Internally, for instance, employees might harbor fears about AI encroaching on their roles – dubbed FOBO – because so much heavy lifting can now be done by a machine. The apprehension is not just about job security but also about their ability to adapt to and work alongside new technologies.  

From a client perspective, there are concerns around data security – the safety and privacy of their data when subjected to AI-driven analysis. Equally, a lack of clarity about how data is sourced and the inherent biases it might carry can make clients skeptical about the reliability of the information derived from such analyses. After all, the prospect of chatbots assisting in the research process, abetted by synthetic respondents is quite the leap!

To reduce perceptions of risk, a reasonable rule of thumb would be for AI to never do more than 80% of the work, with 20% reserved for human consultancy. As we further integrate AI into our workflows, and as challenger businesses enter the market with AI hardwired from the start, this will be important to adhere to.

The role of leaders in the market research sector is crucial in navigating these complexities. The priorities must be to find the right cadence for introducing change and to reassure all parties that market research will remain, above all else, a human-centric industry. 

Market research firms must therefore find a balance between leveraging automation for efficiency and maintaining rigorous human oversight to ensure the accuracy and reliability of their findings.

In practice, mitigating any fears begin by underlining the primacy of human expertise in complementing AI to employees and by introducing robust training programs and mentoring that help staff build the necessary skills to leverage AI tools effectively. For clients, leaders must ensure transparency about data handling processes and educate them on the data sources and methodologies used, thereby demystifying the analytics process. 

This will not only enhance trust but also encourage a more enthusiastic adoption of the new technologies we are required to understand our increasingly complex world.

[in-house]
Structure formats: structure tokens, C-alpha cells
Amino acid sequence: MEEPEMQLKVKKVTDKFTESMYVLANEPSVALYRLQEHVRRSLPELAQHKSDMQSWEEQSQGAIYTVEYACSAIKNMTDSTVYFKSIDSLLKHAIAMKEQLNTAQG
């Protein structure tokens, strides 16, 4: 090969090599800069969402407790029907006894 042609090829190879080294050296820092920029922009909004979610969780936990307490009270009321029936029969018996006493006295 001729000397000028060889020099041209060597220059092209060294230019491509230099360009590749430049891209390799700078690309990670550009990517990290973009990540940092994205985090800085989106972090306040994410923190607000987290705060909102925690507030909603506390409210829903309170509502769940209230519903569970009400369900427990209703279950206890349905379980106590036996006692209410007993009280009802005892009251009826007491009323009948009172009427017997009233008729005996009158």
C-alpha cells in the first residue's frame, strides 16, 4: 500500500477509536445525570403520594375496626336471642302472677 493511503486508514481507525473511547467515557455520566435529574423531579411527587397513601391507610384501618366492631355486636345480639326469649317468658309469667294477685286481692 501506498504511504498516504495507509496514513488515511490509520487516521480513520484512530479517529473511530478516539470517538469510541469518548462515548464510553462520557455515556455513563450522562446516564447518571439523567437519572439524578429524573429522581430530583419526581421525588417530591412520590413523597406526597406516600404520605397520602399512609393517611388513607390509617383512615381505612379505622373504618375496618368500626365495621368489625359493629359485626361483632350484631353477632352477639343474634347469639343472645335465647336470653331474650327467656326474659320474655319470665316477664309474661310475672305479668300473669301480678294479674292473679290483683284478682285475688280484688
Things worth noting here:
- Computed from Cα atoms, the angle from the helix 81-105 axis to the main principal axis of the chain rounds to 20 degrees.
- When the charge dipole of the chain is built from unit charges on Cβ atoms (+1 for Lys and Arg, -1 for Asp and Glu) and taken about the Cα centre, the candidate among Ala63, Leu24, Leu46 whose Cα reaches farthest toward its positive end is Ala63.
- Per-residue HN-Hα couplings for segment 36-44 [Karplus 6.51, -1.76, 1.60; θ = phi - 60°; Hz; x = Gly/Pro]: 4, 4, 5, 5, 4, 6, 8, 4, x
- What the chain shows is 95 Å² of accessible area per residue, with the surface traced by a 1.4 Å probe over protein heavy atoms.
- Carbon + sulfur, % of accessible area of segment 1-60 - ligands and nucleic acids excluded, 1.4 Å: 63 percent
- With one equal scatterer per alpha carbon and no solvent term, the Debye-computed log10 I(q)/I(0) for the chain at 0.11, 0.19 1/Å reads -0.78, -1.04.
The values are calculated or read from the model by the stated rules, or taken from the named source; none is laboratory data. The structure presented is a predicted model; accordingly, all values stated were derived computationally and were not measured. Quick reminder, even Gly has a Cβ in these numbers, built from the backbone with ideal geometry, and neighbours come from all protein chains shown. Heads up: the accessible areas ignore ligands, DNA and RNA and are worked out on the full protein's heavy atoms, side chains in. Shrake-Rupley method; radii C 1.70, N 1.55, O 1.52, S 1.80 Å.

Reducing future risks in market research

To mitigate further uncertainties, especially when incorporating AI and other emerging technologies, both in-house and supplier-side businesses should adopt a strategic and cautious approach. Initiating small, manageable proof-of-concept projects allows for the controlled testing of AI solutions, minimizing risks before broader implementation. Early success in these projects builds a strong foundation for expansion.

Measuring success is also crucial; companies should establish clear metrics such as accuracy, speed, user satisfaction, ROI and impact on client objectives. These key performance indicators track progress and ensure AI implementations meet their goals.

The investment strategy should also concentrate on solving real client challenges, delivering tangible value and avoiding the hype around new technologies – a mistake made by many businesses when the shiny and new arrives. This strategic investment balances development costs with budget constraints and focuses on areas where AI has a distinct advantage.

Finally, adopting an agile approach by starting small, iterating and continuously measuring success, along with embracing ongoing learning, helps firms stay technologically ahead. This significantly reduces risks and enhances competitive edges.